The Handpresso at work. Yes, it's coffee in the car, just the way you like it. (Photo: Handpresso)
This morning I brewed some coffee, poured it into a travel mug, and headed down to the railroad station with it snugly ensconced in my Volkswagen Turbo Bug's cupholder. So far, so normal, right? But suppose I was running late and didn’t have time to make that coffee — suppose I made the coffee while I was driving?
That’s the idea behind a sudden rash of coffee-in-the-car inventions. The most intriguing of these is the Handpresso. Yes, it makes espresso, and the makers caution you to pull over while brewing. But they also tell you not to use your smartphone to text, right?
Like all portable coffee makers, the French-made Handpresso ($200) plugs into your 12-volt cigarette lighter. Then you pour in water, add one of the special coffee pods, and press the button. This is espresso, so the unit (which has a built-in temperature gauge) operates at 16 bars of pressure, necessary to produce that layer of crema on top. As Gajtz.com pointed out, it “seems like a great idea and a terrible idea at the same time.”
Since 2013, buyers of the stretched Fiat 500L (at least those outside the U.S.) are able to order the “Coffee Experience” kit as original equipment. It’s an Italian car, right? The espresso unit, which fits between the front seats, is made by Italy’s Lavazza, and it includes cups, a sugar dispenser and a spoon holder, all for around $300.
That reminds me: At an electric car show in Spain recently, I saw an EV charging station with a coffee maker built in. Those Europeans can’t do without their cafe!
There’s a whole range of 12-volt traveling coffee makers out there, with truckers being a major customer base. The Rally unit is described as “ideal for cars, trucks, SUVs, RVs and boats.” If they’d said motorcycles, too, I’d know they were nuts. Road Trucker likes pots from Power Hunt and Koolatron. Some work on USB power, and others even have glass carafes. I’d probably avoid that choice — except maybe in those big RVs.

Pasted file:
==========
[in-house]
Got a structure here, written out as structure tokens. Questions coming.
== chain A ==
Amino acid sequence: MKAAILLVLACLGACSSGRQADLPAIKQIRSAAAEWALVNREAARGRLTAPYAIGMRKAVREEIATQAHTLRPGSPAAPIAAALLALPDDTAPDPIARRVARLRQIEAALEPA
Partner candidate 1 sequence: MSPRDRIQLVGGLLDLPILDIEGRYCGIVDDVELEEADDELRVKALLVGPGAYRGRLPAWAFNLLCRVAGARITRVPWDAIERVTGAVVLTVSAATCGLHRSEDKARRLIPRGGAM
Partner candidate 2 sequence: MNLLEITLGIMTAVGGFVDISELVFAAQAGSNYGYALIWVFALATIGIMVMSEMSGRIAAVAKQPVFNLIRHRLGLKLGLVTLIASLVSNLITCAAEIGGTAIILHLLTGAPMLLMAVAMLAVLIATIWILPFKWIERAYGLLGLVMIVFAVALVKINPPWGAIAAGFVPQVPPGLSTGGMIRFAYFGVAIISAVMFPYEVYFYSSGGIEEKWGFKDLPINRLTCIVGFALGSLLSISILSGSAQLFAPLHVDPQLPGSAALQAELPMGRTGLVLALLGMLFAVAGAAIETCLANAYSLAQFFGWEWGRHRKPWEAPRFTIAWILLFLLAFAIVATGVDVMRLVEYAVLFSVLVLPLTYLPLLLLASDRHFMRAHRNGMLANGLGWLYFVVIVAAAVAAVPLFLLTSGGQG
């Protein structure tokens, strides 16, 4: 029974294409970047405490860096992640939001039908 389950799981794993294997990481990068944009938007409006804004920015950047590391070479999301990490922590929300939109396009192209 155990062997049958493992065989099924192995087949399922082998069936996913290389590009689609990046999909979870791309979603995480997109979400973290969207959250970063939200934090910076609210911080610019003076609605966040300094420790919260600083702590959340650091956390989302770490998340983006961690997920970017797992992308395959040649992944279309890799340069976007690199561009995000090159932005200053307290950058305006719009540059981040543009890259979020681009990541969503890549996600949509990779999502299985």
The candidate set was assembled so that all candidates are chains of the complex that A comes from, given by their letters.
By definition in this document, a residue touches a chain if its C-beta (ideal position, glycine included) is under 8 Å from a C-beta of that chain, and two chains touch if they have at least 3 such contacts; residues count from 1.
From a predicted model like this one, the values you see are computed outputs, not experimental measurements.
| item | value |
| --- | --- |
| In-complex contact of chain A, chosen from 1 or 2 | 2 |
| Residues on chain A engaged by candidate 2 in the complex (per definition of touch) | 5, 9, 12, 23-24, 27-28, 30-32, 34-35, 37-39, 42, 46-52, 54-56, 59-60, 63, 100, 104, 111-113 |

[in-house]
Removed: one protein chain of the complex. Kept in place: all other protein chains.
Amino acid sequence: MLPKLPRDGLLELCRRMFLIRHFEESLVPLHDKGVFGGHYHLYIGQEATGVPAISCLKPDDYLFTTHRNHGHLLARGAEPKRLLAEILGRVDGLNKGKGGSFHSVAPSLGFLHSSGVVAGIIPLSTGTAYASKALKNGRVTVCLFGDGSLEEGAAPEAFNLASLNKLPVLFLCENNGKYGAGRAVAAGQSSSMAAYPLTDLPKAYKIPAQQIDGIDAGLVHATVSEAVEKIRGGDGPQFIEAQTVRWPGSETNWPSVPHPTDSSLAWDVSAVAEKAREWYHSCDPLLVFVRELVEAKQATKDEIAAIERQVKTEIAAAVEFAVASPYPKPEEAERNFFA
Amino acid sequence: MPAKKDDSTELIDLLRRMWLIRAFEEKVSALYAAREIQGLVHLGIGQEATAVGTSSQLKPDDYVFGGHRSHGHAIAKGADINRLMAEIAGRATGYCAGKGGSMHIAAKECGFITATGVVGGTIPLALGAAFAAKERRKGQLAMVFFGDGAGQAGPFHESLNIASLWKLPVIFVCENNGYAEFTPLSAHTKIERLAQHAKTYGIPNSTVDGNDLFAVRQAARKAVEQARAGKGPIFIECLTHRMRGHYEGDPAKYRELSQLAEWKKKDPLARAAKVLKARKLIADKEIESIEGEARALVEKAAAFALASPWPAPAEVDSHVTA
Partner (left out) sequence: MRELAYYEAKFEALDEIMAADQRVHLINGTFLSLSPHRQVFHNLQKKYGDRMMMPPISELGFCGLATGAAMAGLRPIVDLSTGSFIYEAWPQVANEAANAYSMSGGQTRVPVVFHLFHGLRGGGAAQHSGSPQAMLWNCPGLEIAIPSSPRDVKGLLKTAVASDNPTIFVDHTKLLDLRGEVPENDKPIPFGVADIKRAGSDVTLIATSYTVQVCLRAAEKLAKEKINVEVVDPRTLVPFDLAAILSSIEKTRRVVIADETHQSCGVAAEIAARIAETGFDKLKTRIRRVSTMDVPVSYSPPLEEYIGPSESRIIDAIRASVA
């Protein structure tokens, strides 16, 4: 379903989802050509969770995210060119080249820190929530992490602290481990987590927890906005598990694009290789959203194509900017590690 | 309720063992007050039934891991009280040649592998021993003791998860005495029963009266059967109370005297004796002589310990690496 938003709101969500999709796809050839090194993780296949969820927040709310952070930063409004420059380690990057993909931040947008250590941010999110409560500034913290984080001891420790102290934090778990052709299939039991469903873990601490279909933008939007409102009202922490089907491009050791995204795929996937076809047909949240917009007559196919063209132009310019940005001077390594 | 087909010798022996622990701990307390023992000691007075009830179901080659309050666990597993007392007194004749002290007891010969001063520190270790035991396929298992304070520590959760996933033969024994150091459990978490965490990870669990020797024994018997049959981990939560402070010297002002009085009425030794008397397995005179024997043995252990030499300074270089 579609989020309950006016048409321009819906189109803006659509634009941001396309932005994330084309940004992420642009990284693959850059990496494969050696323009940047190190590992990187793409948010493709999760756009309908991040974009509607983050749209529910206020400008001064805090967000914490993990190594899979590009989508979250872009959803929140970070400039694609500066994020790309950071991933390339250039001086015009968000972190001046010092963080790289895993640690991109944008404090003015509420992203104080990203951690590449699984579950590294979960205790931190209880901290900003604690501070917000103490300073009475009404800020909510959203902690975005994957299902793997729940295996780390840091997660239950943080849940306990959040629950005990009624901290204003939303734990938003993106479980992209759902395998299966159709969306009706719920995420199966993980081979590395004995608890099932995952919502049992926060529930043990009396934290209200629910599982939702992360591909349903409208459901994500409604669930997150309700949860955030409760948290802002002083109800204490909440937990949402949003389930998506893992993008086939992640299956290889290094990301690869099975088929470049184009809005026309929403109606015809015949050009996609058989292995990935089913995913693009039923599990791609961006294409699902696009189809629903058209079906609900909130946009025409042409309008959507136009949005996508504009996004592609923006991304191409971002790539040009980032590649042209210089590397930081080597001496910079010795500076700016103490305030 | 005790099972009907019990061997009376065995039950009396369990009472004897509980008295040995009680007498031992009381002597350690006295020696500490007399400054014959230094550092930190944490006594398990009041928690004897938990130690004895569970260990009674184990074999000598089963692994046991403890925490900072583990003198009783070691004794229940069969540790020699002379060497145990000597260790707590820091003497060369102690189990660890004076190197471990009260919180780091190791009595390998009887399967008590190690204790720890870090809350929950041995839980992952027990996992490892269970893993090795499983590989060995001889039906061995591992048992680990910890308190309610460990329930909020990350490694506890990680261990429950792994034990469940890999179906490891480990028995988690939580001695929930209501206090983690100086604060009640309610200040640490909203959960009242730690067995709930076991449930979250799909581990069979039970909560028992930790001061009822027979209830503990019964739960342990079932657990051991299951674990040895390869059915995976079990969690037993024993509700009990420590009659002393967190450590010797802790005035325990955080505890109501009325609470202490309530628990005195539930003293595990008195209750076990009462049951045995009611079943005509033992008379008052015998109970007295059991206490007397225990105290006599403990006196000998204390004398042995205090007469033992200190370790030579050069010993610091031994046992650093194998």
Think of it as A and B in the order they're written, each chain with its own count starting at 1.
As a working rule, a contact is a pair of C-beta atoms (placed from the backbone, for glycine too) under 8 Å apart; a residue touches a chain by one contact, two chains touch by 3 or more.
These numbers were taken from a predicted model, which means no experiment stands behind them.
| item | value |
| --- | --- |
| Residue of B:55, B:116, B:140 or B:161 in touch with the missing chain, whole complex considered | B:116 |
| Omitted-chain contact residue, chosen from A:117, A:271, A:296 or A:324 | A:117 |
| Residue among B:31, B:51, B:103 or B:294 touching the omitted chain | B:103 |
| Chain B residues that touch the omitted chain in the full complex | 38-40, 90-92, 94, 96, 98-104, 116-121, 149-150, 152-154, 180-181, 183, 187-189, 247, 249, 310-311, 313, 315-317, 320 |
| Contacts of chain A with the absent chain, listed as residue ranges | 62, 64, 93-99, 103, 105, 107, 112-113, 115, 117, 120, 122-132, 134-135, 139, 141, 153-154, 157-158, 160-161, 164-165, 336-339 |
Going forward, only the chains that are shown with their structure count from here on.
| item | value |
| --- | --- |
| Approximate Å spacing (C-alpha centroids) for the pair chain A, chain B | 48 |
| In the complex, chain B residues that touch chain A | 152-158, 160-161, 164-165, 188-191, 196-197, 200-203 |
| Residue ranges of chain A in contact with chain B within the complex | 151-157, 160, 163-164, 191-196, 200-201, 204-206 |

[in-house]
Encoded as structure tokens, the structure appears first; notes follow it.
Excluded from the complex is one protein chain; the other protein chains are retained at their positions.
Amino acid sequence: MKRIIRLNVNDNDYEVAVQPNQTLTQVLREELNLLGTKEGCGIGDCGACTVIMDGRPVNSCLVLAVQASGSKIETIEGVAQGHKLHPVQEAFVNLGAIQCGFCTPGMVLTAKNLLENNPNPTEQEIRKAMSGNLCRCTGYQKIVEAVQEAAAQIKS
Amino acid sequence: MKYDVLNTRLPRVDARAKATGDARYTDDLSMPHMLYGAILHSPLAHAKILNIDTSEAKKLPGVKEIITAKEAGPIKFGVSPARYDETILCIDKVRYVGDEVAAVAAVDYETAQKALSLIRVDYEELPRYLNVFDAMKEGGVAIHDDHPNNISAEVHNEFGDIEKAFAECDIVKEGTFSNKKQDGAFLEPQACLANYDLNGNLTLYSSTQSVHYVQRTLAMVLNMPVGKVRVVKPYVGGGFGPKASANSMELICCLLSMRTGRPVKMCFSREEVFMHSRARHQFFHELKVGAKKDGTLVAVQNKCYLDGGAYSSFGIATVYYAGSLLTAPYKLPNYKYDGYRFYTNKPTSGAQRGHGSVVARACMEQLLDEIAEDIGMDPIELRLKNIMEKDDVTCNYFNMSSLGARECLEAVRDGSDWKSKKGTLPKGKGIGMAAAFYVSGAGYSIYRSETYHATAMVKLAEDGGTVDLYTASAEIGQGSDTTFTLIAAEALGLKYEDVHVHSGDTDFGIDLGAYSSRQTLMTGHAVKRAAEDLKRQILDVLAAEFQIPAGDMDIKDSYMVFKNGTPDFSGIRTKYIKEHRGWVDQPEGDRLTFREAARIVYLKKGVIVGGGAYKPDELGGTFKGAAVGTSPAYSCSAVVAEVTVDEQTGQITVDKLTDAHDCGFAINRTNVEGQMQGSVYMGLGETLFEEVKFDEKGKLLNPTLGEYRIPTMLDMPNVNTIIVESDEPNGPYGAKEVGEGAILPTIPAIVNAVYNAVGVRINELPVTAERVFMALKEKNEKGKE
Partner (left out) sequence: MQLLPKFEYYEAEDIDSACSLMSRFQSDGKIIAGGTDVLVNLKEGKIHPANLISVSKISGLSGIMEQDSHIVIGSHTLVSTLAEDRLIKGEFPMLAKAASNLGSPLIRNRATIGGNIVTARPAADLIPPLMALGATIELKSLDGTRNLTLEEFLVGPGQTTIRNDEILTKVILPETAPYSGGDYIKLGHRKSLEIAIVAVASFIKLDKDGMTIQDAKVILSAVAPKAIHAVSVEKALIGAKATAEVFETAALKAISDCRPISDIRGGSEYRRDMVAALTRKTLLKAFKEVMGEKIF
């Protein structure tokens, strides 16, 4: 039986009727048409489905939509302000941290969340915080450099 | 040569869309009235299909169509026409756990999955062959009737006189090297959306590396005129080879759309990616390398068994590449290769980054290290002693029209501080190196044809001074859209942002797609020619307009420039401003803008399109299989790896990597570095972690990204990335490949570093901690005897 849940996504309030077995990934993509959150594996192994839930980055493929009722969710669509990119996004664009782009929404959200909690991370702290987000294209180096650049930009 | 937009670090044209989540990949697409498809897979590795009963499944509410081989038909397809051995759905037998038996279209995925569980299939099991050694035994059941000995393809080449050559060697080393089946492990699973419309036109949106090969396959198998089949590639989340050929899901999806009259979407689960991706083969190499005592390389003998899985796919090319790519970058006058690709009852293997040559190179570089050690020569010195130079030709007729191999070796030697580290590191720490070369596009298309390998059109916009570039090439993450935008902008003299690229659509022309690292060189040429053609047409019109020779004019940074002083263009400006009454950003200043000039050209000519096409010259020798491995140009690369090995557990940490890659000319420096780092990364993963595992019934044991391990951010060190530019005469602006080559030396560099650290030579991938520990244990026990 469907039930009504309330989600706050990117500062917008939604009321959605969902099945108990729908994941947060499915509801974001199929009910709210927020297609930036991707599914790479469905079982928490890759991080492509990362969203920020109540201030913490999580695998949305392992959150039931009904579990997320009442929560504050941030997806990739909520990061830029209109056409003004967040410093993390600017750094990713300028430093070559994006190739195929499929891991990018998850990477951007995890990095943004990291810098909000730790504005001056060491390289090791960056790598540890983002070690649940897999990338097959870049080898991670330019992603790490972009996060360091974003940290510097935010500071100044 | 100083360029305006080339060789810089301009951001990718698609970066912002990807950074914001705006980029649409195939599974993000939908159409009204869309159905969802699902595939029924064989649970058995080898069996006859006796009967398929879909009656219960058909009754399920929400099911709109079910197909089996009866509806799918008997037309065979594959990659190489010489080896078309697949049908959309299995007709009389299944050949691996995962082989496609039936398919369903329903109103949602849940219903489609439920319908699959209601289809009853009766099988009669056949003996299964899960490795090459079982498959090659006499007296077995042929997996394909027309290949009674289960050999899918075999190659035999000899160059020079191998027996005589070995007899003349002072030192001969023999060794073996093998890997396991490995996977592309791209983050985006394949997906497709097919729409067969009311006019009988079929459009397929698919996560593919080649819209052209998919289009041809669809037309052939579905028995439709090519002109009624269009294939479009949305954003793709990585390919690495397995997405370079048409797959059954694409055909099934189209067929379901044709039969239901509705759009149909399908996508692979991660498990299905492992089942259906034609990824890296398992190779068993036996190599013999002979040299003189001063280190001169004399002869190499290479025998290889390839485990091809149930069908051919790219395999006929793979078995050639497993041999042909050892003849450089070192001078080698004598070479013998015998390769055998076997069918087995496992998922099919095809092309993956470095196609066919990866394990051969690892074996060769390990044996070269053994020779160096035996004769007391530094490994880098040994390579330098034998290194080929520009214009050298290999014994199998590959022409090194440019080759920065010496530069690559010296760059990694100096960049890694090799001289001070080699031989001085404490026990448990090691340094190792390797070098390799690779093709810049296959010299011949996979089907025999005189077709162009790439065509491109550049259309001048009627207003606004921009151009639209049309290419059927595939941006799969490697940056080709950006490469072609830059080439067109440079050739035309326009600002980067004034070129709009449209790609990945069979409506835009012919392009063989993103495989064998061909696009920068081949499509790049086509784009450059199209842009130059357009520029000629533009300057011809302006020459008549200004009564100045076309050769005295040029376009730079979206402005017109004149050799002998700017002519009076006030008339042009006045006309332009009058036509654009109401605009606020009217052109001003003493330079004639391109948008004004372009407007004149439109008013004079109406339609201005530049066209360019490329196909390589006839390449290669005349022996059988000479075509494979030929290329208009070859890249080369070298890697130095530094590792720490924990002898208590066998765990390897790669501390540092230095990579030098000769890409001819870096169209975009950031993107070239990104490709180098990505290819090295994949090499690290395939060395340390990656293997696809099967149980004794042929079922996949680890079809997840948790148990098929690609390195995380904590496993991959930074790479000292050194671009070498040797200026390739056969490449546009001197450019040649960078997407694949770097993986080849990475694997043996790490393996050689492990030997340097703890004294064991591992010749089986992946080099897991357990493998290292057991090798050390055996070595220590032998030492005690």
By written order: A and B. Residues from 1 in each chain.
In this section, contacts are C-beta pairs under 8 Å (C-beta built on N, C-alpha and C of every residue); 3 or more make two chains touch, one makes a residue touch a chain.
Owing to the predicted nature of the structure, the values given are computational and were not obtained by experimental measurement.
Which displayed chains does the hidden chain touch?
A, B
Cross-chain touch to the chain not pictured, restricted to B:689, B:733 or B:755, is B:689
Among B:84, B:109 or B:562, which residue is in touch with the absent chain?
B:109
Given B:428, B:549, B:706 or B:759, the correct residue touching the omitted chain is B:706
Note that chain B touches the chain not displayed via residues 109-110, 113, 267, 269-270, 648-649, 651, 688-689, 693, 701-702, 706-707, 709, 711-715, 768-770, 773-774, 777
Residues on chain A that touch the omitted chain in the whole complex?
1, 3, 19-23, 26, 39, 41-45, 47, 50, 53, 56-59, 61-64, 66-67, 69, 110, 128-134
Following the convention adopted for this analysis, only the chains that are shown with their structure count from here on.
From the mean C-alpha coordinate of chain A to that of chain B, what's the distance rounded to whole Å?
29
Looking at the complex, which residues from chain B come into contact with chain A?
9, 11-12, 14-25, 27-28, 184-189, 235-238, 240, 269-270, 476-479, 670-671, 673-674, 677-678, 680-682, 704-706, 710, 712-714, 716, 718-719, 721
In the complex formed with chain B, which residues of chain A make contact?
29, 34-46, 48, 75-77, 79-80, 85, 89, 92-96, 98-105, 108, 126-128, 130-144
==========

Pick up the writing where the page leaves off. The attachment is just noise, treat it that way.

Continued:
Remember the lawsuits over people being scalded over hot McDonald’s coffee? I imagine that’s why the “Coffee Experience” is unlikely to make it over here. But they should check out the new “No-Hot” temp-sensitive cup from a group of Chinese researchers. In the center of the cap is a disc that gets bigger in the presence of hot liquid (176 Fahrenheit). Try to drink from it, and the disc blocks your way. At 140 degrees Fahrenheit, the disc goes away.
Finally, while we’re talking about coffee, how about a car that runs on it? Researchers at the University of Bath in England are working on converting coffee grounds to biodiesel. The brilliant thing is that used grounds — which normally end up in landfills or, at best, compost piles — work almost as well as fresh ones do. The oil content varies from 7 to 15 percent.
Here's a closer look at Handpresso on video. Remember, stop before brewing!
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